I spent the better part of three weeks in Europe as a participant in the Marshall Memorial Fellowship in Fall 2012. During my travels I was bombarded with hundreds of issues, among them, an issue that no society wants to face and was a frequent topic of conversation in my MMF Cohort’s discourse: economic crisis, and more specifically, austerity.
Unfortunately, many European countries are facing these tough circumstances as their governments work towards solutions to overcome the financial crisis. Of the many plans offered, austerity is the most common solution employed. For my purposes, austerity may be defined as difficult economic conditions created by government measures to lower a budget deficit, especially by reducing public expenditure. It appears that austerity is a necessary evil that must be a part of the equation to solve each country’s problem.
In America, austerity is becoming a more familiar idea to the average citizen as we find ourselves still in the midst of our own economic crisis. But while Americans see austerity coming in the near future, European countries that are now affected by the crisis are already enacting such measures and cutting back on spending and social programs. For most of these European states, austerity has considerable implications for their citizens. The structure of these social programs is noticeably different from those of the United States, in that most European citizens are willing to pay higher taxes in return for a greater redistribution of resources to those in vulnerable economic circumstances. In the United States, however, despite wanting stronger social programs, most Americans are resistant to the levels of taxation common in Europe. Therefore, citizens who pay these high taxes expect significantly more support from their government in education, health care, poverty, unemployment, and a host of other areas.
So what happens when their government tells its people that it has to make concessions on its social support, but the culture of philanthropy is not strong?
During my travels through Brussels, Paris, Lisbon, Belgrade and Warsaw, I experienced a huge divergence between the United States and the countries in Europe in terms of the existence of philanthropy and non-profit organizations. America is built on a more individualistic idea that government should address the social needs of its people– but only to a certain extent. Where there are large gaps between governmental support and social needs, American citizens, non-profits, and even corporations do their best to close those gaps. Americans have established an impressive civil society in which billions of dollars are spent annually on philanthropy to address social needs. This civil society has created a culture of giving that I have not seen in Europe. Conversely, in European countries, people expect the government to provide the majority of support for citizens’ social needs. This expectation has created a culture that has limited the infrastructure to support the work of non-profits and philanthropy. Citizens and private industries in these countries expect the government, not private organizations, to close any gaps.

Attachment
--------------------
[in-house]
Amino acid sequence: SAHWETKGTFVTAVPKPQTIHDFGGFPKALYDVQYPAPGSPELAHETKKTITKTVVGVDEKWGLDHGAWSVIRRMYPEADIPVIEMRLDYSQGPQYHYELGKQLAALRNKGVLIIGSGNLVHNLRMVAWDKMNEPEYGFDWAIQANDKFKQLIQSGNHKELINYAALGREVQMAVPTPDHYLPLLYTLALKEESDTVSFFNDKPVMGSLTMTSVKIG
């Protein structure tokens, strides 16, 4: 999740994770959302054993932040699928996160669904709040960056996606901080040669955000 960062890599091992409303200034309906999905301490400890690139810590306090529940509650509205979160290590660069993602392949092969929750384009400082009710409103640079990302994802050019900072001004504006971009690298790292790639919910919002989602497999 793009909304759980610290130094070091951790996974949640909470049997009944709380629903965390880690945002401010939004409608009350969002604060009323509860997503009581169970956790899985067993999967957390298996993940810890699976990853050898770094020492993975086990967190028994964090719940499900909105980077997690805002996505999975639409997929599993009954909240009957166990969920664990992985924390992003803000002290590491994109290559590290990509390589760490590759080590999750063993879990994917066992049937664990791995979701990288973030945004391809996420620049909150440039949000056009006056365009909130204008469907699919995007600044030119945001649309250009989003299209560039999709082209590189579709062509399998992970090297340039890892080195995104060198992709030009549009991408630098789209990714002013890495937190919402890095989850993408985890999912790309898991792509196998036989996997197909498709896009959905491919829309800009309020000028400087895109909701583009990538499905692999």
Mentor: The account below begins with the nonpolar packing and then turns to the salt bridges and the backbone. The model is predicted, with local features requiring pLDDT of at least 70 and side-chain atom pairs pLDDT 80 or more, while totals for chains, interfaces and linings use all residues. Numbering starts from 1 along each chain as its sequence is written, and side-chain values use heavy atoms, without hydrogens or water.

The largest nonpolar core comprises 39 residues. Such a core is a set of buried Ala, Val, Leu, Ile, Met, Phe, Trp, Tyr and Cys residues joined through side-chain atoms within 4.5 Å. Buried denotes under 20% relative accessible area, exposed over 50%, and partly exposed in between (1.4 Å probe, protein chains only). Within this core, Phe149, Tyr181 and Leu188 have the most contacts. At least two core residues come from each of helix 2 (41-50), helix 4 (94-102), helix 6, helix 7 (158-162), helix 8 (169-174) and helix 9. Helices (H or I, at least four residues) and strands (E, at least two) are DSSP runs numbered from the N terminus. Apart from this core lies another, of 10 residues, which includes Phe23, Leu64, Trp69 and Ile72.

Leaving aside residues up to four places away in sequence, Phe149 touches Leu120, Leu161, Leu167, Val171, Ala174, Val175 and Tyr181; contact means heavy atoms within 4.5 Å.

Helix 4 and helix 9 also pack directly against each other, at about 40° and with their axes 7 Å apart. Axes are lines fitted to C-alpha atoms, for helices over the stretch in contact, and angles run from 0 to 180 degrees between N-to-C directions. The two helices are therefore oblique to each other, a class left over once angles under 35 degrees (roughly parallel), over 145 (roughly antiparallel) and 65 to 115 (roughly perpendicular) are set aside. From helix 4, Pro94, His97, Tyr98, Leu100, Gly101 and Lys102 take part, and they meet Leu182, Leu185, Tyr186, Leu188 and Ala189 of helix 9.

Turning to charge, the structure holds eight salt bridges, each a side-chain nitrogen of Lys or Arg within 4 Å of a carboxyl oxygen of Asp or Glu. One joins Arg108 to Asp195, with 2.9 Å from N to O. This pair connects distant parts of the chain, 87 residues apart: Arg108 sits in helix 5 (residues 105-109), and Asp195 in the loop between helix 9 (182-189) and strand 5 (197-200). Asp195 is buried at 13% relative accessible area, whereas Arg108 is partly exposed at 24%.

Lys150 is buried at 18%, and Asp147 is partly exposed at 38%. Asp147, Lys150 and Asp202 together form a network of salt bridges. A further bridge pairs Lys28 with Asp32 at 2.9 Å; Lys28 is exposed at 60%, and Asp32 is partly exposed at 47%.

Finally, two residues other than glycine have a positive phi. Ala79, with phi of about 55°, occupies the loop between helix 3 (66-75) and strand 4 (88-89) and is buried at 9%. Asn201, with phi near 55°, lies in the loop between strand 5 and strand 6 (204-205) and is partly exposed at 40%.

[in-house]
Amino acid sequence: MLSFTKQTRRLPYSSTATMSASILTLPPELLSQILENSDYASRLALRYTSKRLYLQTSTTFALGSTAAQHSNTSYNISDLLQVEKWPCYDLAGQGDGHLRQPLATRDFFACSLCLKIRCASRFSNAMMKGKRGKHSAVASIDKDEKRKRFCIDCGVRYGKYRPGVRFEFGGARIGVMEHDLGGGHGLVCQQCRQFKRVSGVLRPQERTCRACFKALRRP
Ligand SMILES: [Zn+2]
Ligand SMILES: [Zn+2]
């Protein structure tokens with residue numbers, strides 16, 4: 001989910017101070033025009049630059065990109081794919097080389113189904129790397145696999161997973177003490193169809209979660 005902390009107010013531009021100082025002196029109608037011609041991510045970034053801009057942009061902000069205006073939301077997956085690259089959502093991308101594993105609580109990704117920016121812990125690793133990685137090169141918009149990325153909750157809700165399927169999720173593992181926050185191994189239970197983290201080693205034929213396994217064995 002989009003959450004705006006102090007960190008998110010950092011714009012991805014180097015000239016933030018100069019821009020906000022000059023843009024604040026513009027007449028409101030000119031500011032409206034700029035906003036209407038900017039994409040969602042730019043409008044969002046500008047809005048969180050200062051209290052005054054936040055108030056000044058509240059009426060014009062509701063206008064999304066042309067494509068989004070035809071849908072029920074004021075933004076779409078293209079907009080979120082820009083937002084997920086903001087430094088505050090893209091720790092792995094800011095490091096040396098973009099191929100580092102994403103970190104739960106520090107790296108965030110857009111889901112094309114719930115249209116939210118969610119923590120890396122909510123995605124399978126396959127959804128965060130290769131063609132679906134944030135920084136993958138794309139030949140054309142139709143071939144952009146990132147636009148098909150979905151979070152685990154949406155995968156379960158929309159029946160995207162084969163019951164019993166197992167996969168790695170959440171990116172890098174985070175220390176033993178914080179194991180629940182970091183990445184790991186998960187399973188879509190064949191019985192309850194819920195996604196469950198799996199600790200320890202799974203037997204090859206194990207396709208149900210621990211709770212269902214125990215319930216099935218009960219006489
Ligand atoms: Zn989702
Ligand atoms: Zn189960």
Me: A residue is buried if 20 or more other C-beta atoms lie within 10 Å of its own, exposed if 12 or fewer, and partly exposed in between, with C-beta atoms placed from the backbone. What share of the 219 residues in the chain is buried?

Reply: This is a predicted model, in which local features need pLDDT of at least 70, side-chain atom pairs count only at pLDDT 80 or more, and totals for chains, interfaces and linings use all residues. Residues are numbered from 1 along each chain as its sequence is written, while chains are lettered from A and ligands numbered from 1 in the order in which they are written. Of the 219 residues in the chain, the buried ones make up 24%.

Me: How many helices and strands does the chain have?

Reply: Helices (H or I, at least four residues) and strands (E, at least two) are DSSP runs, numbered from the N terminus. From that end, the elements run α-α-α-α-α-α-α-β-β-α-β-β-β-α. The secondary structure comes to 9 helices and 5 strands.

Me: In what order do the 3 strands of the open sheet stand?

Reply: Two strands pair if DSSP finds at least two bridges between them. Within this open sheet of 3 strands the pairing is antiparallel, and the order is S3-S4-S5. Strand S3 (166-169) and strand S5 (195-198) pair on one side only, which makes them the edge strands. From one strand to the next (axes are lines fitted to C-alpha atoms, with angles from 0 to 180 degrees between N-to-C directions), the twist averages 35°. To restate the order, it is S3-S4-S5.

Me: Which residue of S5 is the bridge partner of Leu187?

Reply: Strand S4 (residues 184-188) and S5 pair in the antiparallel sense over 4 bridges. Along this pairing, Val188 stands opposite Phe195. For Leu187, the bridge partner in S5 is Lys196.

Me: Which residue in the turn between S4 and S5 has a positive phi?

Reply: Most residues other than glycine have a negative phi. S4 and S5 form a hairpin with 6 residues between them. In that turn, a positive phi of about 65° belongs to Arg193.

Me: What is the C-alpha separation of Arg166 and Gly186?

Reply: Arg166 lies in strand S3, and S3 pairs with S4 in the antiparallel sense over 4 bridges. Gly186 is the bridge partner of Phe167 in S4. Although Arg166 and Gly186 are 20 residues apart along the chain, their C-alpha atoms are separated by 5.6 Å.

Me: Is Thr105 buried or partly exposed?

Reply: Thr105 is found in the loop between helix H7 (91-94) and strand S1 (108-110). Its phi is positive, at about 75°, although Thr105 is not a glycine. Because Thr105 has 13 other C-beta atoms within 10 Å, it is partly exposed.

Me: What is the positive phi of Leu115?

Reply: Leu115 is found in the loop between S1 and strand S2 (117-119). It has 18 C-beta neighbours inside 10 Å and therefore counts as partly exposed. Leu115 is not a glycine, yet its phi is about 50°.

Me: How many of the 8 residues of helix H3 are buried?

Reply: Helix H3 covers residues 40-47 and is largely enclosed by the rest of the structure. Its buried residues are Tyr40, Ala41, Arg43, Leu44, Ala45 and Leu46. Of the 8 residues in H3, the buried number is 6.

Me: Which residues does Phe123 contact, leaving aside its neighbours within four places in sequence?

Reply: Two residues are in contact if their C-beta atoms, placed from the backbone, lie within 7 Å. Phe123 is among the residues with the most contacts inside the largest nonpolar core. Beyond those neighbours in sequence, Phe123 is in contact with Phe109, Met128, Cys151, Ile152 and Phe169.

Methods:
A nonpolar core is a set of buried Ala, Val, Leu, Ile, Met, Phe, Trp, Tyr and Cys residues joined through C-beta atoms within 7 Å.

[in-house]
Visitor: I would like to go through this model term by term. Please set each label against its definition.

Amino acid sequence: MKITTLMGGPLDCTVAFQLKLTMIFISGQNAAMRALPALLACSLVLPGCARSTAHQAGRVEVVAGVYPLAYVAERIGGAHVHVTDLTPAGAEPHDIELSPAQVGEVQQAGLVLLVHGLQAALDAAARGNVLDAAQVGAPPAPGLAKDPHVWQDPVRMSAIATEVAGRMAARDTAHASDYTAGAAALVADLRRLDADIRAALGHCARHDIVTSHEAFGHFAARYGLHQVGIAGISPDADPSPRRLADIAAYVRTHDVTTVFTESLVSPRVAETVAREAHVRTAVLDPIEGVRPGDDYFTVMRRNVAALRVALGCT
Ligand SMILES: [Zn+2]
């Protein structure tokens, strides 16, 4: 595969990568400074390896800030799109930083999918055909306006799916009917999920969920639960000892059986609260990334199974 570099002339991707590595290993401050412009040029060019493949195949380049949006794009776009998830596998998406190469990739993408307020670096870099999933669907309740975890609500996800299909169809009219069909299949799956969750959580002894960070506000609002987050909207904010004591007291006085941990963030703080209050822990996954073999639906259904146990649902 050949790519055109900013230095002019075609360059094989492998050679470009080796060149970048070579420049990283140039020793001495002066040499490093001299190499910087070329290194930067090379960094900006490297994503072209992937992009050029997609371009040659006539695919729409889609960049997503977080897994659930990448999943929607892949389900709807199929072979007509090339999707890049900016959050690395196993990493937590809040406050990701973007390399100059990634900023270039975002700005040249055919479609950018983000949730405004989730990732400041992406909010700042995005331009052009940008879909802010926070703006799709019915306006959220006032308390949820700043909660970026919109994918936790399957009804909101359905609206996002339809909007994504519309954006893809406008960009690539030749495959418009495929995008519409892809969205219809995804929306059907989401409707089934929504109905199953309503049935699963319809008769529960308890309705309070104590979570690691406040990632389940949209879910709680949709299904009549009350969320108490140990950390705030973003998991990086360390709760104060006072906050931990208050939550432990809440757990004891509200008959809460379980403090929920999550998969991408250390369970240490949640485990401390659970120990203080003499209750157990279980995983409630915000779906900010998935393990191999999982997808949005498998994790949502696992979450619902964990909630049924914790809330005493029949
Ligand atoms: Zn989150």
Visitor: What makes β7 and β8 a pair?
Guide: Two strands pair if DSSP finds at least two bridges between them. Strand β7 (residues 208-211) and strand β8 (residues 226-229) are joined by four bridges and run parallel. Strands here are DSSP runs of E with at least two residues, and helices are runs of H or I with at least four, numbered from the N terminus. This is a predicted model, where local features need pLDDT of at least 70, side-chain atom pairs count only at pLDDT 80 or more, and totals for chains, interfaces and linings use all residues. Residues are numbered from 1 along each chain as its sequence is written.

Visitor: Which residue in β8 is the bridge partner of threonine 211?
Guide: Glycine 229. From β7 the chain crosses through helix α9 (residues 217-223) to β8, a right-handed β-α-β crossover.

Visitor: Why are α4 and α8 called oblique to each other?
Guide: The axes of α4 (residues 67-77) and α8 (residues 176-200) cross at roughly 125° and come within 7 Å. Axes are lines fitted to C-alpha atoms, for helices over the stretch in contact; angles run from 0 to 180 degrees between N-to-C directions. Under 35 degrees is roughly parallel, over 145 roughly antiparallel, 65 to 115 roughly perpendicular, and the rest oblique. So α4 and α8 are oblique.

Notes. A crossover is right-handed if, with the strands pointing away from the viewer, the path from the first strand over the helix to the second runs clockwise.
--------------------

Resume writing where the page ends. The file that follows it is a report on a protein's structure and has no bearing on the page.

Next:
Throughout my travels, I have talked to many representatives of non-profit and non-government organizations (NGOs), and they struggle to get significant support from a society and culture that expects the government to correct society’s problems. These NGOs rely heavily on their government for financial support that is diminishing in these tough economic times. This affects the long-term sustainability of these organizations, and in turn, negatively affects the already disadvantaged people and communities that these organizations serve. I am happy to say that the representatives of NGOs with whom I spoke are experienced and working towards solutions to diversify their funding bases. But while these organizations have added strategies to boost corporate and individual giving, this remains an uphill battle. Their citizens and government still do not recognize the benefits of private philanthropic organizations.
A few representatives of these organizations told me that when people and organizations make large donations, they are generally regarded with suspicion by the public, who suspect that such donations originate from a self-interested intention rather than an altruistic one. Some representatives told me that their governments do not offer tax credits or any benefit for giving. In fact, one told me that their government tacks on a 20% tax if you give to an NGO. This is unheard of in America. While I understand that most European societies do not have strong exposure to cultures in which philanthropy plays a large role, I am still trying to grasp why governments would attempt to disincentive donating to charitable organizations.
In response to the economic crisis in Europe, something has to be done to get these economies back in the black. In most cases, unfortunately, this means austerity. So I ask again, in the face of austerity, what organizations are going to solve the problems that government can no longer address? As European governments are forced to provide less and less for their citizens, they must help foster a stronger tradition of philanthropic giving. Europeans often pride themselves on the safety nets their governments provide, but as those safety nets begin to become less secure, Europe will have to look towards American civil society as a model for social and institutional security.
Robert Starks, Assistant Athletic Director for Facilities and Operations at Chicago State University, is a Fall 2012 American Marshall Memorial Fellow.